Friday, May 23, 2008

Emotional Turbulence and Menopause

More than the night sweats and hot flashes, what really changed for me at menopause is my emotional landscape.

I'm not sure what the cause is, but I am becoming hyper-sensitive. I cry easily at movies, can't stand to watch car crashes or violence on screen, flinch or jump at loud noises, and am generally more anxious than I remember being, especially while driving.

I would never have related this to hormone imbalance or menopause, if I hadn't read the following on the website.

Here's an excerpt from what I found there:

"Let’s start by looking at the root cause of anxiety — the destructive effect of stress on hormone balance.

It now seems the norm for women to be “maxed out” in all directions. Most of us work, and the workplace has gotten more demanding. Most of us raise children and help care for aging parents. We often have relationship issues that create stress too. And we are conditioned to put ourselves in last place on the list of priorities.

The type of stress is just as important as the amount. So much of the stress we experience is constant — it never goes away. The human body simply isn’t designed for constant stress. When that occurs, our ability to cope with stress can be overwhelmed. If you inventory the stress in your life you may realize that much of it is unremitting. This can give rise to a serious condition known as adrenal fatigue. It is also a cause of chronic anxiety that is often diagnosed as an anxiety disorder.

The estrogen dominance common to perimenopause probably adds to this “anxiety response.” In a normal menstrual cycle, estrogen dominates at the beginning of the cycle, and progesterone rises in the second half. The progesterone has a calming, relaxing effect. But in perimenopause we have more cycles in which we don’t ovulate, so the progesterone level stays low. (Also see our article on irregular periods.) For some women, anxiety attacks are their major symptom of perimenopause."

Add to all this the bad habits we have of jumpstarting our bodies with caffeine and eating poorly when stressed, and you have the recipe for higher levels of anxiety.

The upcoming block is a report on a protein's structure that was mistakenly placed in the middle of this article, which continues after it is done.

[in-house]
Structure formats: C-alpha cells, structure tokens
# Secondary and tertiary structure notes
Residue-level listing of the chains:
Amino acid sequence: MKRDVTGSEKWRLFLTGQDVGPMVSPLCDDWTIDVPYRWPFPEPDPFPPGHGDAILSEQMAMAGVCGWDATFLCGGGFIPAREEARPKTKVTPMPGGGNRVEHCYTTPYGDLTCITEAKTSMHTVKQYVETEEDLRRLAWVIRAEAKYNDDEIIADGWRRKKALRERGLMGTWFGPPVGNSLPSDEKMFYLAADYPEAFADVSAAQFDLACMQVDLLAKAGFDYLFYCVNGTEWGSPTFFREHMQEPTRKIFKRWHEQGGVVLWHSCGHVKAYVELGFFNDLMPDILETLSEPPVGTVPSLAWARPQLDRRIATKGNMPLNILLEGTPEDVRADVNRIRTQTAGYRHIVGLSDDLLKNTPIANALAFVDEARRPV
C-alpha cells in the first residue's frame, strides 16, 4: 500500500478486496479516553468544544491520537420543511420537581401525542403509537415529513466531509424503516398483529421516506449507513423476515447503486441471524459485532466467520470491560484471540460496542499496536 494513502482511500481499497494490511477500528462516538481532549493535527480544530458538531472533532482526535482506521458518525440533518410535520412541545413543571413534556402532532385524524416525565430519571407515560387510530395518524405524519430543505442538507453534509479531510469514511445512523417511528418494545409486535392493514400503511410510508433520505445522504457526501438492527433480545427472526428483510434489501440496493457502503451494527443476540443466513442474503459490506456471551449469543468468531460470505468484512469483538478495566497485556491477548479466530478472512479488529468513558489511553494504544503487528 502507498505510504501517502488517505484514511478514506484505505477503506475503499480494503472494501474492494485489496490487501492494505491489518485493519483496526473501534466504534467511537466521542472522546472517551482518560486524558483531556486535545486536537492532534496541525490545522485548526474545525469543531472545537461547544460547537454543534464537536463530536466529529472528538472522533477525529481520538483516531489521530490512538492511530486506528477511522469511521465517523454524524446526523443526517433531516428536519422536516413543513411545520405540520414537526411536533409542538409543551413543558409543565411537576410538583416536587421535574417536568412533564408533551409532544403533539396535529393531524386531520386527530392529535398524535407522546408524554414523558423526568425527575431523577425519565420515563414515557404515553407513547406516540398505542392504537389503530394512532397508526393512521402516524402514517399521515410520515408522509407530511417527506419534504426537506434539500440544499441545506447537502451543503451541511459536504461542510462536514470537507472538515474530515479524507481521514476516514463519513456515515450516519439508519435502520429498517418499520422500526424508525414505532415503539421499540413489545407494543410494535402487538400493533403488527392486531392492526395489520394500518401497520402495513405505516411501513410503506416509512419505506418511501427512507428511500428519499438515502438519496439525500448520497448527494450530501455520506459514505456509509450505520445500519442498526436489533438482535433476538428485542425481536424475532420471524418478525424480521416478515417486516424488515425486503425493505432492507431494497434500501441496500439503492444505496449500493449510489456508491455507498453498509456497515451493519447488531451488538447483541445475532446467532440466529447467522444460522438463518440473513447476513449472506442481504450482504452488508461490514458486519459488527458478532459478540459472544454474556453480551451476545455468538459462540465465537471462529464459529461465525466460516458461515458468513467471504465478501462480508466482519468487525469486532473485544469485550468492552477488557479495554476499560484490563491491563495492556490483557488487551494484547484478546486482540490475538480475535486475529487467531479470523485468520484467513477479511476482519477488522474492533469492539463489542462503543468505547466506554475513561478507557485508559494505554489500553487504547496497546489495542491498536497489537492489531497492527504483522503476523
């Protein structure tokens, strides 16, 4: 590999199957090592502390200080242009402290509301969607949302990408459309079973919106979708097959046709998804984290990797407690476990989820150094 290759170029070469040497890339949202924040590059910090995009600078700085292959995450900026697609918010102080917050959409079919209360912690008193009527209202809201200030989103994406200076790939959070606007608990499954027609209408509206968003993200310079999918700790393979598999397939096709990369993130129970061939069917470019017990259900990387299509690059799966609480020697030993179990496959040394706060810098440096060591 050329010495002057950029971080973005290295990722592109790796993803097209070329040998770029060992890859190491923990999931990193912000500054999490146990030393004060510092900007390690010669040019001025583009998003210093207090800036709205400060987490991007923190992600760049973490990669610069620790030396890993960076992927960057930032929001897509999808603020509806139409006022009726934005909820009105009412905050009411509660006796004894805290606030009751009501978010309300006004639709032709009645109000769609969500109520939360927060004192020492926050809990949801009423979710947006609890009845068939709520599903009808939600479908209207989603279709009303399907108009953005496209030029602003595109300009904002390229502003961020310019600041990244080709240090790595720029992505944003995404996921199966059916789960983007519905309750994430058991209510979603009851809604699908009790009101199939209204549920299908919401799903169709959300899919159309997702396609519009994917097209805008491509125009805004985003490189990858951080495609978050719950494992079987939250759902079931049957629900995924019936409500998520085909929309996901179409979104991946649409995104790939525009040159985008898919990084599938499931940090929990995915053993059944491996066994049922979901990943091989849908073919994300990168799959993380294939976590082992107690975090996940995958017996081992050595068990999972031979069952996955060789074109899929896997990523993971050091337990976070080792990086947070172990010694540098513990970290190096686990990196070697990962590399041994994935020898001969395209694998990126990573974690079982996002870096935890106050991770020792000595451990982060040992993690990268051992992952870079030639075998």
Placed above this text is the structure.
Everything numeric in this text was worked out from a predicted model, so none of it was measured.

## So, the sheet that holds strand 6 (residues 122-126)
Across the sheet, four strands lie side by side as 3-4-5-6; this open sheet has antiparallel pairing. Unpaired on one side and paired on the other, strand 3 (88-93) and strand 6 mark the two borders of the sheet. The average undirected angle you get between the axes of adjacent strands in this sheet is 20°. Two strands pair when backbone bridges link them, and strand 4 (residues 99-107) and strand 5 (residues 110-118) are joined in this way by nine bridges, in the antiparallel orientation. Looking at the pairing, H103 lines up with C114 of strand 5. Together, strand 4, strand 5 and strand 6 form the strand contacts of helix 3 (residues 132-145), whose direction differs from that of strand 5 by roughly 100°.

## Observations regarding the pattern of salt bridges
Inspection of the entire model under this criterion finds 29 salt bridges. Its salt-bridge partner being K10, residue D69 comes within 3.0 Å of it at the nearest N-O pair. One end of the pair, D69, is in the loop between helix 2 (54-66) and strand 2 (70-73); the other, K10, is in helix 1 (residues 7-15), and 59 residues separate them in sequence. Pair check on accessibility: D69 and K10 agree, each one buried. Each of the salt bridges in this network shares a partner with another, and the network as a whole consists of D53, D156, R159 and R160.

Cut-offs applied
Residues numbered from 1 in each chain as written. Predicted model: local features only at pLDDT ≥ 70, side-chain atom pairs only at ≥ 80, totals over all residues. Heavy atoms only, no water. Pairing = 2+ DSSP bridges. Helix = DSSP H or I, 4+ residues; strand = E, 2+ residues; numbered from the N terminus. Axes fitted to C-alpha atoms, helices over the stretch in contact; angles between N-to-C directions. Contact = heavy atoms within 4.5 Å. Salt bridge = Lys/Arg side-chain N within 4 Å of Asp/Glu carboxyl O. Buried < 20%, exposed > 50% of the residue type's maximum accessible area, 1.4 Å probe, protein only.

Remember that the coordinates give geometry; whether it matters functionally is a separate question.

I know many women in the same boat, with aging parents and teen-agers, full-time or part-time jobs, or sick family members that need care-taking, and very little time to care for themselves, let alone eat a healthy meal and get to bed early every night.

So don't be surprised if you feel a little raw, or as if your nerves are exposed. Susun Weed, in her book The Menopausal years The Wise Woman Way says this is also because of neglect.

"You may think your feelings are out of proportion, too sharp, quite irrational, possibly insane. But, I assure you, they are only raw from neglect. Receive them without judgment, nourish them, and your 'uncontrollable' feelings during the menopausal years will lead you to the deepest heart of your own secrets.

If you cannot tolerate those about you, leave. Go to the sheltering space of your cave. Claim your Crone's Year Away."

Something else you can do: write about your feelings in your journal, get in touch with your buried feelings (anger, grief, loss); Sing the blues or dance it out with some salsa music. Get more sunshine - not too hard in spring and summer. Move your body out into nature and take a long, healing walk. Get a massage - you'll be surprised what emotions well up sometimes while you are lying on a massage table. If tears come, let them. Find a homeopath to help you find a remedy. There are several for emotional upset, overwhelm, feelings of depression or wanting to be left alone.

And finally, go on a retreat - you may not be able to take a year off (!) from your life, but you can certainly take one or two days. Find a woman's retreat by googling it, or look in your local health food store or yoga centre.


Tuesday, May 13, 2008

Sanctuary & Self-Nurturing

How do you replenish yourself and find a centering calm? hiking, yoga, naps, reading, music, gardening?

How do you come home again to your body?

"Each major life passage entails emptying and refilling." The Silent Passage, Gail Sheehy

The transformation of menopause can leave you feeling exhausted, until you discover what fills you up again.

For me, yoga and meditation are great for grounding me in the body and breath. They keep me feeling alive in the present moment and provide an anchor for my galloping sails.